Books Read 2020

Monday, 16 November 2020

Bananas

 

Almost every week a new bunch of bananas makes its way into our home, to be used mostly for eating fresh and for making smoothies.

Bananas would be our biggest food waste item (on average, about 2-3 bananas a week) as they often go bad before we have eaten them all.




Wasting food is not good for our environment or our pocket, so we are looking at how we can change things for the better.

One idea was to slow down how fast they ripened, and we heard this could be done by wrapping the crown (the stem end) in tinfoil or plastic food wrap.  Has anyone tried this?

Another idea was to keep them in the fridge, but I know that doing that will prevent them from ever ripening.  We normally allow our bananas to ripen in the fruit bowl and then transfer them to the fridge.

(What to store them in, in the fridge, is another problem – any ideas anyone?)

A third idea we thought of was to freeze the bananas once they were ripe, but I tried this once and the skins were almost impossible to remove so have not bothered again.




Perhaps I really just need to do more cooking – banana cake and chocolate banana muffins would soon disappear!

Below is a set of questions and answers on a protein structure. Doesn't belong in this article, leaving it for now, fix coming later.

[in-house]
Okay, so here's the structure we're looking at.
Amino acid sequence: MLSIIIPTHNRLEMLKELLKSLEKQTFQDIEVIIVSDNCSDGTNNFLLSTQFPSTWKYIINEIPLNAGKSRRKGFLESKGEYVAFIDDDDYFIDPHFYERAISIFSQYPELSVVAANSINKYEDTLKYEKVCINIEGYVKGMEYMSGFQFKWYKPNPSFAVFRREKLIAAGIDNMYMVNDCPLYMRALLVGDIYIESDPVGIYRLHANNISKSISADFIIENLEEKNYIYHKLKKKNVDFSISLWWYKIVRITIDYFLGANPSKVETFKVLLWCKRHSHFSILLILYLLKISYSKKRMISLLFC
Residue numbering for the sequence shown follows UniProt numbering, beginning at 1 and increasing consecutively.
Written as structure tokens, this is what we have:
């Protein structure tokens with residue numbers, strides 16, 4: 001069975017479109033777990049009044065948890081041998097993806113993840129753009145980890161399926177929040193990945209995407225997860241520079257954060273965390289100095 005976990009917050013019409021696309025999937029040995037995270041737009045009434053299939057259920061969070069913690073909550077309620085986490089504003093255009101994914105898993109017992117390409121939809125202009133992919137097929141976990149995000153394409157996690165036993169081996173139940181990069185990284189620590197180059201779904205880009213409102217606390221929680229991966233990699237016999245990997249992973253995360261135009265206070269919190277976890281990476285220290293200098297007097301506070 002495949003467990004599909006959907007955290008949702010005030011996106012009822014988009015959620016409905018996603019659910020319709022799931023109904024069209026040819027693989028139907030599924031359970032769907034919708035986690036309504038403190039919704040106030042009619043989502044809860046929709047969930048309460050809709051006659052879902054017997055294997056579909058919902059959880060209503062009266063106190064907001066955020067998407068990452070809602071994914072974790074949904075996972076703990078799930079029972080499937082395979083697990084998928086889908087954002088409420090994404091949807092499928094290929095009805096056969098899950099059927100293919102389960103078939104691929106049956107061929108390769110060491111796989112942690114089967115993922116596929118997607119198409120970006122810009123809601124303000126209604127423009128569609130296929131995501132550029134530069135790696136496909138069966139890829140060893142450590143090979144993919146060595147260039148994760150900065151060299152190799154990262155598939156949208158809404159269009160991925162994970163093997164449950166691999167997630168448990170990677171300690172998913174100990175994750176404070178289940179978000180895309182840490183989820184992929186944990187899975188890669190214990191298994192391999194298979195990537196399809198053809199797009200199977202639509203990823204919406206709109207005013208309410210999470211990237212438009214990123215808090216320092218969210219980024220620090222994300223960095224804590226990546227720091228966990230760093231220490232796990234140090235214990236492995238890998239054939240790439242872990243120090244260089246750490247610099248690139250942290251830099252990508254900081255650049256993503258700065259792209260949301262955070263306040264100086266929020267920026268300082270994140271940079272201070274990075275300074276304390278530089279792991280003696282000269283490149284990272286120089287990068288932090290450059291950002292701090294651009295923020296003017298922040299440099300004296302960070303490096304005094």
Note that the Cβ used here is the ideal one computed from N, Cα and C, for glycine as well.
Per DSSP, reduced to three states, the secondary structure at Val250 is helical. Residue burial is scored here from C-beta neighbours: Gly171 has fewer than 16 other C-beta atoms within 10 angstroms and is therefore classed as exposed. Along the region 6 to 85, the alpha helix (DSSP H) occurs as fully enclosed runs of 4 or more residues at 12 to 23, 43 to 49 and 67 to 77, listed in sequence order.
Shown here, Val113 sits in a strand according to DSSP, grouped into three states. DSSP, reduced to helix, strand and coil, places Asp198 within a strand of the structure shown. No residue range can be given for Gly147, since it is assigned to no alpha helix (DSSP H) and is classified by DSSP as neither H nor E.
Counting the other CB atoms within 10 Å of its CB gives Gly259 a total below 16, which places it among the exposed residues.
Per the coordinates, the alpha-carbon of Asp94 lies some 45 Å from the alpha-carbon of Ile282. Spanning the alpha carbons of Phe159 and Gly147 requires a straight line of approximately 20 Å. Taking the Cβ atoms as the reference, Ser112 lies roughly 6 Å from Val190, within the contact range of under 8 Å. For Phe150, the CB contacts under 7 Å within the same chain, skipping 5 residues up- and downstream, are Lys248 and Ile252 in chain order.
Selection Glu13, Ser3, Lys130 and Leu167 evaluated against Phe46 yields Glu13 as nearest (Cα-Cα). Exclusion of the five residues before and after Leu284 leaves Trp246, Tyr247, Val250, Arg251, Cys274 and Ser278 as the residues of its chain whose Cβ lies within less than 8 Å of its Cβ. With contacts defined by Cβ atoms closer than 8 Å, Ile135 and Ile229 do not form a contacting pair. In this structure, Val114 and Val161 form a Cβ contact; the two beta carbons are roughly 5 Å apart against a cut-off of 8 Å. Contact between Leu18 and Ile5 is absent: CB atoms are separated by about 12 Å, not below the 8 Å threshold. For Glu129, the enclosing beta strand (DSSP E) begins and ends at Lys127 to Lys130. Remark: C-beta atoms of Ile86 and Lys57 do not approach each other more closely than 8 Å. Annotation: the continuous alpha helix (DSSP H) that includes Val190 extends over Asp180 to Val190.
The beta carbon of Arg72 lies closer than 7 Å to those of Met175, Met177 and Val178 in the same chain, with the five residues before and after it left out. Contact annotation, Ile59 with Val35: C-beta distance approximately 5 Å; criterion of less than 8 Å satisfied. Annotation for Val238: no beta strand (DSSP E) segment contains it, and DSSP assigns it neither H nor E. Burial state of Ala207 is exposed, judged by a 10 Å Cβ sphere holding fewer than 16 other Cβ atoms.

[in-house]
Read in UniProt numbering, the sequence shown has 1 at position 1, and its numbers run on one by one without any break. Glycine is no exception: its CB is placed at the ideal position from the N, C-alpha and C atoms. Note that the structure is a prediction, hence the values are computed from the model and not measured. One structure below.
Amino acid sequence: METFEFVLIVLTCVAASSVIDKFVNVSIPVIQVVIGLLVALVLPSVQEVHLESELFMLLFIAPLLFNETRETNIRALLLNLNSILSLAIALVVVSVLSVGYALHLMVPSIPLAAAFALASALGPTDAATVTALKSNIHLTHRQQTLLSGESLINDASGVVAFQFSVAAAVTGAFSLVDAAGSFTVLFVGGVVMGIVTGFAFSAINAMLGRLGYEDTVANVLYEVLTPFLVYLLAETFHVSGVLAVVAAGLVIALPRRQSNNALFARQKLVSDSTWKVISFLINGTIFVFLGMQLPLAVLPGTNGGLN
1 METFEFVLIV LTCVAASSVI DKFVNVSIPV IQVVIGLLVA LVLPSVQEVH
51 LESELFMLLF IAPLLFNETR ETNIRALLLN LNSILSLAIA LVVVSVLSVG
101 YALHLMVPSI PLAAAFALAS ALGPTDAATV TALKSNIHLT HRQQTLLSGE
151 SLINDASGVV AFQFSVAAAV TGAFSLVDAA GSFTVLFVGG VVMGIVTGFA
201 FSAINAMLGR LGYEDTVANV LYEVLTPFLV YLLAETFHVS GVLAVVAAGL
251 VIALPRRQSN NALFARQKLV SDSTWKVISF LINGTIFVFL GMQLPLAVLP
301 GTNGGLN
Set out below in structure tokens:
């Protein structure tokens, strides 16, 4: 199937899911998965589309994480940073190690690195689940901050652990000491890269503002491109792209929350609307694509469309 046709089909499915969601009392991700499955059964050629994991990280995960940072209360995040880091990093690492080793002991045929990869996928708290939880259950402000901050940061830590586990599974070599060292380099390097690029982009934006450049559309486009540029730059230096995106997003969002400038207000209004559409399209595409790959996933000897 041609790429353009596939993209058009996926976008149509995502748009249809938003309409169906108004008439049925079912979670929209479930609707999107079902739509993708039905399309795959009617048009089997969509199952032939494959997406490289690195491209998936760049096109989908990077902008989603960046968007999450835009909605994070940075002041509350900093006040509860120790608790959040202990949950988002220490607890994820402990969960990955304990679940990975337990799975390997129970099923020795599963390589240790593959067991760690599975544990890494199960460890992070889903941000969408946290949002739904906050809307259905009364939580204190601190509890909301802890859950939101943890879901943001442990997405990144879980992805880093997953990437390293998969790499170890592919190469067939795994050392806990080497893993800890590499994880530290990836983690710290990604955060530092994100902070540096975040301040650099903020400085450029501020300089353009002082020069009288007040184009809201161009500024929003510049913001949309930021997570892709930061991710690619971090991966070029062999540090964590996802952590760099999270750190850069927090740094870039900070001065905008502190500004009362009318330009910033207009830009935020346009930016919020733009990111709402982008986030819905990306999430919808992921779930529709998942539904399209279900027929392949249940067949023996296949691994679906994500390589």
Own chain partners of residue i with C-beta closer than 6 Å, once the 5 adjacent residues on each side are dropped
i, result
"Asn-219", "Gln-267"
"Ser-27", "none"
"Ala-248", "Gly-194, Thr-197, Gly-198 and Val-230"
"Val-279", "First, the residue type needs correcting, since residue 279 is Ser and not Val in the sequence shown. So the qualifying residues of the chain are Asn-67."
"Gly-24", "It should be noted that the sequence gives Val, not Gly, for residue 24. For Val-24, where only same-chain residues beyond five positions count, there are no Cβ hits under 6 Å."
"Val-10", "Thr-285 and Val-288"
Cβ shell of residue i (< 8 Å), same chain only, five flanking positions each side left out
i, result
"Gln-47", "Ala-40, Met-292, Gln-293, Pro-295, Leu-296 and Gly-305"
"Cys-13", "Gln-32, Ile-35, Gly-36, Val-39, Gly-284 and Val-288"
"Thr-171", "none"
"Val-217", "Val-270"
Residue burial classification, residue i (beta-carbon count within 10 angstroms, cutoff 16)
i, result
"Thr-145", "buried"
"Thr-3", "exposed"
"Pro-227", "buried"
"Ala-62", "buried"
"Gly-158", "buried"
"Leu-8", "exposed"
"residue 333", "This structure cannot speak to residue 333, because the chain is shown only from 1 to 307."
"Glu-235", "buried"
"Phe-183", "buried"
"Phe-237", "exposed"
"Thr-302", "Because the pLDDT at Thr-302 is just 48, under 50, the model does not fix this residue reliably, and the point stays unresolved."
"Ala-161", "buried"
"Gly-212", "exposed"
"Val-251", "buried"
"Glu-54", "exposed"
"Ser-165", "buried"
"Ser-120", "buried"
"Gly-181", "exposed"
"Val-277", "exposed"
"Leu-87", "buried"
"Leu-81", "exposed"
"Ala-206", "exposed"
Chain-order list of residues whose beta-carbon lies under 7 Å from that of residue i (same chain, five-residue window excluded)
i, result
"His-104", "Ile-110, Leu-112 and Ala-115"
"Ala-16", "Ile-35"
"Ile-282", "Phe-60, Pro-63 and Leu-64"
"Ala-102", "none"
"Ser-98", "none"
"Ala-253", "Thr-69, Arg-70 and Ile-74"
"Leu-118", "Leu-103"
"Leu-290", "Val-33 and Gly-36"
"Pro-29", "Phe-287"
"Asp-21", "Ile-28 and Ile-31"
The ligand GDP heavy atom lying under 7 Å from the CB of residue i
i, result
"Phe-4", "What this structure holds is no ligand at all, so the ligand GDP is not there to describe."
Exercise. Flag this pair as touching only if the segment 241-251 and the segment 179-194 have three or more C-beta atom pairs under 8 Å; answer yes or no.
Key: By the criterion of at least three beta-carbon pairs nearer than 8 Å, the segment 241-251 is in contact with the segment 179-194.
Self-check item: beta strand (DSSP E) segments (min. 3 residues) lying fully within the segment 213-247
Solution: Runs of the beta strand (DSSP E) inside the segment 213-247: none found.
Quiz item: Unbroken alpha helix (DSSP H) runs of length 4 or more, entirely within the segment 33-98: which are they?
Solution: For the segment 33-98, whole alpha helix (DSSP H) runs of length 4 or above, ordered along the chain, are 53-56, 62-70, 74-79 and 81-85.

Have a great day 😊

Margaret.


25 comments:

  1. I have frozen them and the skins came off easily. Great for smoothies. I’ve used the plastic wrap as you suggested and it keeps them a bit longer.

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  2. You can freeze them after they are peeled, then they can be used in whatever amount you need.

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  3. I always separate the bananas as I think they ripen faster when all together in a bunch.

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  4. Peel them and then mash them up and freeze them:) My Dad loves over ripe ones so he always got them at our house. I have tried the aluminum foil I did not notice a difference:)

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  5. You can peel them, brush them with lemon juice, then wrap in clingwrap and freeze. If they aren't too ripe, take them out of the freezer and dip them into melted chocolate for a really indulgent frozen treat! Just eat them like a banana iceblock.
    Linda

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  6. I'd always heard NOT to store bananas in the fridge but now I do. Once they're in danger of being too ripe I stick them in the fridge and they stay fairly edible for days. I've also heard that if you start to peel a banana from the bottom end they peel better. DH thinks that's ridiculous but I'm peeling my bananas that way and they really do seem to peel easier.